Gender and Status in American Political Science: Who Determines Whether a Scholar is Noteworthy?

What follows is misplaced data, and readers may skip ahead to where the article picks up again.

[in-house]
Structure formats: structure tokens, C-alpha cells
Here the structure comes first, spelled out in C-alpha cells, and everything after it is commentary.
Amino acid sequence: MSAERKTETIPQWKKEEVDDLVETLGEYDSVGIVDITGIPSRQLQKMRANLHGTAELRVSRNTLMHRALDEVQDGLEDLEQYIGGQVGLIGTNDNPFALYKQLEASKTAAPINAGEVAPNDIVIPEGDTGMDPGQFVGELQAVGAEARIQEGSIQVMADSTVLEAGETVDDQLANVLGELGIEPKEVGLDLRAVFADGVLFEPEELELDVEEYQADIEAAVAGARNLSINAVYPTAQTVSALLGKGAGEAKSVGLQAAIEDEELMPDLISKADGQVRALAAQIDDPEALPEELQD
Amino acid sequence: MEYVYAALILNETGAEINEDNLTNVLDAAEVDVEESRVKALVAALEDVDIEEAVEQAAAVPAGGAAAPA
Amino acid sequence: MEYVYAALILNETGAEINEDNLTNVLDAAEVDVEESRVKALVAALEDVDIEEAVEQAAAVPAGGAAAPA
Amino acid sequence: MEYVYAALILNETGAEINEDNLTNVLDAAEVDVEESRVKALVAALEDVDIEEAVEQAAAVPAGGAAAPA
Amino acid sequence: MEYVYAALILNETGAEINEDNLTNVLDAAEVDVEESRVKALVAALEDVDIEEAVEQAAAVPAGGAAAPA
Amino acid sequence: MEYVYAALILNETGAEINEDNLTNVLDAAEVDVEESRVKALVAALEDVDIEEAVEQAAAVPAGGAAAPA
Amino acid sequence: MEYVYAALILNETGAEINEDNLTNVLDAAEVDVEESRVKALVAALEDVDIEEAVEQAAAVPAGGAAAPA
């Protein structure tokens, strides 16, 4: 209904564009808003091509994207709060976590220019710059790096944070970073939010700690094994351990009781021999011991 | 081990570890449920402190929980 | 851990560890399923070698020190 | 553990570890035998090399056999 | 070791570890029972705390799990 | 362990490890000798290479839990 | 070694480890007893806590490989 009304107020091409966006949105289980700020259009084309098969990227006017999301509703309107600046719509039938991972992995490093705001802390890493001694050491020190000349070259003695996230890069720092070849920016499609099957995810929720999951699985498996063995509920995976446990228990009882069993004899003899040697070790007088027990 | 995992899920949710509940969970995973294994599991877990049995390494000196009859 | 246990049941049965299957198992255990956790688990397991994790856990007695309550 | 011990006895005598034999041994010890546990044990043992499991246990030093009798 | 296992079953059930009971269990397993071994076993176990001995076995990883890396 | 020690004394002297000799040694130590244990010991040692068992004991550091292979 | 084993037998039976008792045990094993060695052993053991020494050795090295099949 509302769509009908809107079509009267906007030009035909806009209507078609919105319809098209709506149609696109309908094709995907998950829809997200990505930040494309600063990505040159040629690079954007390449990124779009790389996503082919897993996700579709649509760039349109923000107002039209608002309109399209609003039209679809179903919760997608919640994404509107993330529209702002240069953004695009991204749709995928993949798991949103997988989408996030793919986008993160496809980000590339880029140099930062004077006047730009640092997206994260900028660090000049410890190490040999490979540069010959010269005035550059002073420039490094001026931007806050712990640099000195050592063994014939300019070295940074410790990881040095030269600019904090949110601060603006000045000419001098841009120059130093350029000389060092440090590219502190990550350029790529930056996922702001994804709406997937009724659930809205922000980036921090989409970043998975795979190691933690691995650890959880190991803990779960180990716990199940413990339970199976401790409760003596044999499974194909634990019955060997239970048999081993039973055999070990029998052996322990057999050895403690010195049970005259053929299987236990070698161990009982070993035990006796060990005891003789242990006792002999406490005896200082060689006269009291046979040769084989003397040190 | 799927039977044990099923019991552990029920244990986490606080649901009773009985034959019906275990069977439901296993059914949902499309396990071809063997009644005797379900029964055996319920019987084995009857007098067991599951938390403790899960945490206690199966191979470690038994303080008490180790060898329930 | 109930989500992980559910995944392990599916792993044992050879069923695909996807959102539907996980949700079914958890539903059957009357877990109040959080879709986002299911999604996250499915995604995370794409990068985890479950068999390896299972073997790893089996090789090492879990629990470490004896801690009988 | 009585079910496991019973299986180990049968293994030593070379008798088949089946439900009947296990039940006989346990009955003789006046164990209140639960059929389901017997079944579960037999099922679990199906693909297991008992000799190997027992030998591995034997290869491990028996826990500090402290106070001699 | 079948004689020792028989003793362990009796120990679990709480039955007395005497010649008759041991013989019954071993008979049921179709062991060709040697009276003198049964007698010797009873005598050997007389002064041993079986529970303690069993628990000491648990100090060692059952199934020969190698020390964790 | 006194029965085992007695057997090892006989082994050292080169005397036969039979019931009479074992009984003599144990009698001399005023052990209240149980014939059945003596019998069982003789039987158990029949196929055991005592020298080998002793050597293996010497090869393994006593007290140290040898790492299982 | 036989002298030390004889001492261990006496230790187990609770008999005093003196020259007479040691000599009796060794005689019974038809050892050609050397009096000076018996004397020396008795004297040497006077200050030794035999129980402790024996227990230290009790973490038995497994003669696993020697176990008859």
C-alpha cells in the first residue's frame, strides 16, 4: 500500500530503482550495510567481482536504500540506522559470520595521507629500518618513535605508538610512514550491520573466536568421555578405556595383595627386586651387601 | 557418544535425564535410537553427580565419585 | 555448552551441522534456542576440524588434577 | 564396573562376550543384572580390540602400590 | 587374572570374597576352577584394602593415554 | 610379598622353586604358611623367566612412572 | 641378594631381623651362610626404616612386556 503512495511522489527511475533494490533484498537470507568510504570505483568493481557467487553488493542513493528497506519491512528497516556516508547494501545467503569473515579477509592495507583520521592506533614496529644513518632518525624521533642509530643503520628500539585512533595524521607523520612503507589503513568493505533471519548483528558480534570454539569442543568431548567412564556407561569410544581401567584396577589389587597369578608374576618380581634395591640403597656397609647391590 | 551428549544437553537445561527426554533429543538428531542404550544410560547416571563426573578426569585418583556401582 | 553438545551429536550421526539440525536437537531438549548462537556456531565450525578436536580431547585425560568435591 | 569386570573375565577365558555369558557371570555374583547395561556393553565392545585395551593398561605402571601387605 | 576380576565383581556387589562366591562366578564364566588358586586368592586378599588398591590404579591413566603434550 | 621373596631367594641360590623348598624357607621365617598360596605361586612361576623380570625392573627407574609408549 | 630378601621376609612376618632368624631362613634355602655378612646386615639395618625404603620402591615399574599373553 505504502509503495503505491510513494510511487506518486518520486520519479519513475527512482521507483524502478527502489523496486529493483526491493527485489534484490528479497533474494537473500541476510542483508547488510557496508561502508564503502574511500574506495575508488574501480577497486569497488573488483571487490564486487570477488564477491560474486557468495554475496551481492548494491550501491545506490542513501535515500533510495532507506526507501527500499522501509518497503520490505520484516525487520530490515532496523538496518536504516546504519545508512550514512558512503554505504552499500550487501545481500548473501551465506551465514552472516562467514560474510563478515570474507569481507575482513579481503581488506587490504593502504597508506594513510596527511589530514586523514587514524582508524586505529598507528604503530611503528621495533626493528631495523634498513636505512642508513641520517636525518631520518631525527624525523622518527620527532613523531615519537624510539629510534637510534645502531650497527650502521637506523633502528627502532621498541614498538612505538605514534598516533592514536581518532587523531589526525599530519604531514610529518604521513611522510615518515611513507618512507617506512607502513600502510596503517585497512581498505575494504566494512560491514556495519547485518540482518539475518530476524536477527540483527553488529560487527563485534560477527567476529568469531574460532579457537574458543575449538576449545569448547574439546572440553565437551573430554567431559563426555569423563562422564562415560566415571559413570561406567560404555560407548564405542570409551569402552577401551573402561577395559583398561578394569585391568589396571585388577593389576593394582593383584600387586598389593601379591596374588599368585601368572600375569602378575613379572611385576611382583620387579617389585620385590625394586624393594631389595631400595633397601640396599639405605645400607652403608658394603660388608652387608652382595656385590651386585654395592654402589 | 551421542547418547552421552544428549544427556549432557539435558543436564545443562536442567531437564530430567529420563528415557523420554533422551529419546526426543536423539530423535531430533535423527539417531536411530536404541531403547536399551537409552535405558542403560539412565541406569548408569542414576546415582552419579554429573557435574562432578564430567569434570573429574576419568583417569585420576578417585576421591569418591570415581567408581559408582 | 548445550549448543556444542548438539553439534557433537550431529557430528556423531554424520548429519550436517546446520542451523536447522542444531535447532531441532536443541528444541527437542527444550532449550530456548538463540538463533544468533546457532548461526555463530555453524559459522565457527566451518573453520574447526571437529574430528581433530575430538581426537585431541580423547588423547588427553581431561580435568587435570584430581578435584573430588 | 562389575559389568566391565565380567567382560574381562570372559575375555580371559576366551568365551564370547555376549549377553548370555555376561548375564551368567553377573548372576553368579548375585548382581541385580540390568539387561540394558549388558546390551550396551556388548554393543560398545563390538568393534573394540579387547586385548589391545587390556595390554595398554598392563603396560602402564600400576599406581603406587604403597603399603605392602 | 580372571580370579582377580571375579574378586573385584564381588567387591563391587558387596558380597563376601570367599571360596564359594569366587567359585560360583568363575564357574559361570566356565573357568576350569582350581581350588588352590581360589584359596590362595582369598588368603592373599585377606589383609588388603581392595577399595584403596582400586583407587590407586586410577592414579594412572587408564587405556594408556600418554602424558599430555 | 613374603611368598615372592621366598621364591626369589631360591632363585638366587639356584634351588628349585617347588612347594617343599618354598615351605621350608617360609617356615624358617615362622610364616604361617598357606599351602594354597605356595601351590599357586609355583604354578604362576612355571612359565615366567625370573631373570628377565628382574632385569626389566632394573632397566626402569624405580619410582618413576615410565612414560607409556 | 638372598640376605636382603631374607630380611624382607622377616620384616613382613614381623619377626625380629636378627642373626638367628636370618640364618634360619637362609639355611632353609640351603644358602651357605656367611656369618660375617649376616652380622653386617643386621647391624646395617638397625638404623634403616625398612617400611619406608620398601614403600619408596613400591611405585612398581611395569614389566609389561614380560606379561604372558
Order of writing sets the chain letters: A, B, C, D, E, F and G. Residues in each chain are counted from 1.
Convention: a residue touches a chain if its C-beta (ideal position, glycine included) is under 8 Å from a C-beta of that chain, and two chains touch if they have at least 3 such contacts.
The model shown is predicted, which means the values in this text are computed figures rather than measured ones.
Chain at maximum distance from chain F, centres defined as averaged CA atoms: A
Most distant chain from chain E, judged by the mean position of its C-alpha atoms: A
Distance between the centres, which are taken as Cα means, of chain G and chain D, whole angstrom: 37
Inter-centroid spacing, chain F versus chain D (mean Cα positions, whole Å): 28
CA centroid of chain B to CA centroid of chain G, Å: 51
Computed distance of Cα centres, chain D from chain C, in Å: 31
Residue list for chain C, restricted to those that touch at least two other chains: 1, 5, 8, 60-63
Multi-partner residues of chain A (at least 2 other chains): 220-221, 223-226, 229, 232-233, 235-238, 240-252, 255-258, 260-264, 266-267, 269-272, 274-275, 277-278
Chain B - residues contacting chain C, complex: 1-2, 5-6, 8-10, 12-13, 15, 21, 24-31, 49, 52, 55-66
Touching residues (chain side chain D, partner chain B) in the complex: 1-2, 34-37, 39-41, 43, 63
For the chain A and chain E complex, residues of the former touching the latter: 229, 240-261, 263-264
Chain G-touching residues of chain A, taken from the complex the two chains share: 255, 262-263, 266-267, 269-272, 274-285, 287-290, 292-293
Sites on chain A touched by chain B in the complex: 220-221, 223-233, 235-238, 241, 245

Who decides notability for American political scientists? This article is part of a larger investigation of the selection and projection of status and notability in American political science, focusing on gender disparities. We focus on three questions: 1) Do institutions within the discipline of political science – including departments, APSA, editorial boards, academic honor societies – reflect or remedy gender disparities that exist in many forms of recognition, including appointments to top leadership and citations? 2) Are institutions with centralized and accountable appointment mechanisms less gender skewed compared to networked and decentralized selection processes where latent bias may go unchecked? 3) Does “leaning in” help? Does publication in top journals and visible leadership in the profession increase the likelihood that higher level status positions will follow, and does it do so equally for men and for women? We find that the distribution of highest status positions is still gender skewed, that women are over-represented in positions that involve more service than prestige, and that ‘leaning in’ by serving as section chair, on editorial boards or on academic councils is not necessarily a gateway to higher status appointments. We also find that accountable appointment processes–namely processes where outcomes are scrutinized by an encompassing institution– generate more gender balanced results, but they can also over-compensate leading women to do more service compared to men. The study raises the question of whether we should expect men to do their proportionate share (70%) of lower level leadership, and/or whether we should encourage male service and promote female leadership by drawing from the pool of lower level status appointments. This posted paper includes all 5 appendixes.